I never saw the abbreviation XTA before so I learned something again. About the registers, I tried to disassemble the HDD part of the BIOS of a PC20-III and then I already noticed the difference with the register of an ATA drive. IIRC I even noticed the BIOS only used three registers, anyway certainly not the eight used by ATA. Not knowing at all what these registers did, further disassembling was undoable (or better: not worth all the needed time).

    As said in my first message, an idea was to see if it is possible to connect a CF card. But looking at the pinout given by Krebizfan I noticed there are only two address lines and we need three. (There is also one CS line missing but we don't really need it) Bummer
    Hmmm, what is this PRICS pin?

    Now the funny thing: after writing the above I searched for XTA hard drive on google and found this: http://www.vcfed.org/forum/showthrea...sk-Replacement, the link you were looking for?
    I went quickly through the thread and if I understood things correctly, he managed to get an 8-bits range by concatenating two 4-bits ones. Something not possible on my NMS9100 ot PC20-III w/o hardware changes.

    A remark about attaching an HDD instead of a CF somewhere in the thread: it is possible. I use 16-bits IDE HDDs as 8-bits drives for my Commodore 64 by not using the upper eight data bits. Works fine. OK, I can only use half of its capacity but being able to use "only" 10 GB of a 20 GB HDD is not bad for a C64 The only command that won't work is the info command. The information is given as 16-bits and I cannot read that. So I determine the capacity of an HDD by try-and-error using a smart algorithm.
    With kind regards / met vriendelijke groet, Ruud Baltissen

    www.baltissen.org

  6. #6
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    eeguru's NetPi-IDE is probably going to end up being the best long-term solution for systems with XTA drives. IIRC, he's said that it should be possible to do an XTA implementation on the NetPi-IDE.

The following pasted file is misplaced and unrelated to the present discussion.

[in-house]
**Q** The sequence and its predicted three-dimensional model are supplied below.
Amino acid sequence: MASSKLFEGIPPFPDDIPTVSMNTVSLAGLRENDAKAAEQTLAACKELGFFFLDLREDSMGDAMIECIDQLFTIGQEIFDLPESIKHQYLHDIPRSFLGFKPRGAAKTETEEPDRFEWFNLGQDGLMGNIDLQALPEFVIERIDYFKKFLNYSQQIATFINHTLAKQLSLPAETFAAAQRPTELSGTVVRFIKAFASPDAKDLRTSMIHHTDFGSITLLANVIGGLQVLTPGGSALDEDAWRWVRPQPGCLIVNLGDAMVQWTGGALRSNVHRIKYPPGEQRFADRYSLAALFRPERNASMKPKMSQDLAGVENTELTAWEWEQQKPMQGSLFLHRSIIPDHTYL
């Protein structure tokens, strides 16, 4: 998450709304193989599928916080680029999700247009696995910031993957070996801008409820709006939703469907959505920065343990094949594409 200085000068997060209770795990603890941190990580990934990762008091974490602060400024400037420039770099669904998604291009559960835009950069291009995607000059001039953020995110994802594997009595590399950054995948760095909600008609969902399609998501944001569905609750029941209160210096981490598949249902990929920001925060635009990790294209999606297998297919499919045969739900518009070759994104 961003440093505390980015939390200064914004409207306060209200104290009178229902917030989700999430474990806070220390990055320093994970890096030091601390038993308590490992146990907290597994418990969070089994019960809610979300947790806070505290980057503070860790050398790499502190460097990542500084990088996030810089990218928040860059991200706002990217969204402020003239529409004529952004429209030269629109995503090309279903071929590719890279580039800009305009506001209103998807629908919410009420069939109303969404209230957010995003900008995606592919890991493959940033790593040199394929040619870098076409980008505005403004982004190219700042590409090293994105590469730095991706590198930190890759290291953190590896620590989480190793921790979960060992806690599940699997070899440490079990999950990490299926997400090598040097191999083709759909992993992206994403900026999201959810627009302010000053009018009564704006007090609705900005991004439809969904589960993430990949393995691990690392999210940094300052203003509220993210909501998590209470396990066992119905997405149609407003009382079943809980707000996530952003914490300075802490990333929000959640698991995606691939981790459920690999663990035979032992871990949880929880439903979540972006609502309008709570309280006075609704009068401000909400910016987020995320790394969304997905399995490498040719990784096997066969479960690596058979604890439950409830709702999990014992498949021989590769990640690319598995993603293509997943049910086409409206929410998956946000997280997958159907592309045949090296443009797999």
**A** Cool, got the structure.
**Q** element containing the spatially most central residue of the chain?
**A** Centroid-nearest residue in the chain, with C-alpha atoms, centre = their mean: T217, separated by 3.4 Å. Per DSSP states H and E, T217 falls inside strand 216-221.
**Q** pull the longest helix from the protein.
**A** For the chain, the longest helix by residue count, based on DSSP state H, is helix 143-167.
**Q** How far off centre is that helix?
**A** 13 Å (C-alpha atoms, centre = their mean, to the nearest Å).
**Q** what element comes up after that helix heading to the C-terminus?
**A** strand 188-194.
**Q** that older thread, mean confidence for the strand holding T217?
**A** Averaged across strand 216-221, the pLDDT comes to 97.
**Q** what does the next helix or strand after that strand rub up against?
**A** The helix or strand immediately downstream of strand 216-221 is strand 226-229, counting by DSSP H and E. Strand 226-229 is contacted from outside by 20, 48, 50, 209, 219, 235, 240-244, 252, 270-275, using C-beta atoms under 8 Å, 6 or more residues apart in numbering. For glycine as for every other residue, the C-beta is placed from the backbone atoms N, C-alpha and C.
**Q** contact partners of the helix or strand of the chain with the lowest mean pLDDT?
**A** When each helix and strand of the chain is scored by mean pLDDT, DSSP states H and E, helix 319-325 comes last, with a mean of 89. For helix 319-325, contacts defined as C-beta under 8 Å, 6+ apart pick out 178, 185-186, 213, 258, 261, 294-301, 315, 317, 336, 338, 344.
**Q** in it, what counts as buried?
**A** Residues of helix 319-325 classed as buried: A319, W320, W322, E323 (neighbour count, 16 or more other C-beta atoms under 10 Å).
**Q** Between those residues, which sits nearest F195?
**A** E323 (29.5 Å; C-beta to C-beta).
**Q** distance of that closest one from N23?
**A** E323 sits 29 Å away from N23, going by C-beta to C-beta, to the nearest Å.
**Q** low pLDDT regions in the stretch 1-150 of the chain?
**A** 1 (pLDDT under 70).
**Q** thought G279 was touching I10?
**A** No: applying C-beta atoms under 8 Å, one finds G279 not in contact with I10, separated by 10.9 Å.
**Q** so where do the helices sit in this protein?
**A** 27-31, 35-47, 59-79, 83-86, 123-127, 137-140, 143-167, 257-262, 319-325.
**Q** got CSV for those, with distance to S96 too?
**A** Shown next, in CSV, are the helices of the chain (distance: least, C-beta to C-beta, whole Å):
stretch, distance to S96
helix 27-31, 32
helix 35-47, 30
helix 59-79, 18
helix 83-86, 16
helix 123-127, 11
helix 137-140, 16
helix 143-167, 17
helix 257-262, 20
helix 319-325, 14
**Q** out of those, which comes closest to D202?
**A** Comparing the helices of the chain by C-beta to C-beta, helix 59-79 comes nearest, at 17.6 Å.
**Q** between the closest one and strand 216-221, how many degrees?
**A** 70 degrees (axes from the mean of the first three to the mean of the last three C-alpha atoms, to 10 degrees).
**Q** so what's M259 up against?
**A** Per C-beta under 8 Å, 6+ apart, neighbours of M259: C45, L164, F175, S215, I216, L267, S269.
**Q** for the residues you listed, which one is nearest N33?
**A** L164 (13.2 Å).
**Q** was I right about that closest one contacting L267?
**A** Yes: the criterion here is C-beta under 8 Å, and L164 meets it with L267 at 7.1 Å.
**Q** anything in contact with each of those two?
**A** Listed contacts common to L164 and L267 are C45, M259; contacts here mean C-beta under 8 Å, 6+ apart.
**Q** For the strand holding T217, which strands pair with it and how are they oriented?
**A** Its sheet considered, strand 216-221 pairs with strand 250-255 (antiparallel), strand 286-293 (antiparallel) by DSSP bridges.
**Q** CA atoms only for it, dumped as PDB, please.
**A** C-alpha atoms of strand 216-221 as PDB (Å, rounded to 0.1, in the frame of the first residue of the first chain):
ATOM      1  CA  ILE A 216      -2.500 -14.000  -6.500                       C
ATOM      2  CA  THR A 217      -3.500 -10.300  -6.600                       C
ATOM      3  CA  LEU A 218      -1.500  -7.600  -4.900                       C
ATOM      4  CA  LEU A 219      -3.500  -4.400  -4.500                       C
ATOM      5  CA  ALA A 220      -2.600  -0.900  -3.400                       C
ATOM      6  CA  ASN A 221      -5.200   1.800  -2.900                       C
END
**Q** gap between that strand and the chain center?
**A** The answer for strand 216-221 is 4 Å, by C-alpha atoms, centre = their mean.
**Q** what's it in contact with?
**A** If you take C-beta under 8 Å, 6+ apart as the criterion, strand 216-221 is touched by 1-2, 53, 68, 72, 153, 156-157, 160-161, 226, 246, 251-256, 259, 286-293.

7. #7
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    I'm trying.. I need to get my Jr back out next week and test the ice40 boards.
    "Good engineers keep thick authoritative books on their shelf. Not for their own reference, but to throw at people who ask stupid questions; hoping a small fragment of knowledge will osmotically transfer with each cranial impact." - Me

  8. #8

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    20190924_110101.jpg

    found this guy in my stash the other day, IIRC it was bundled with an IDE CDROM (that functioned normally when connected to a standard ATA interface)

  9. #9
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    That looks like a more typical "XT-IDE" style controller, nothing to do with XTA drives unfortunately!

  10. #10
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    Quote Originally Posted by maxtherabbit View Post
    20190924_110101.jpg
    found this guy in my stash the other day, IIRC it was bundled with an IDE CDROM (that functioned normally when connected to a standard ATA interface)
    Beware, and make certain that is not a Panasonic/Mitsumi interface card. I have a few of them.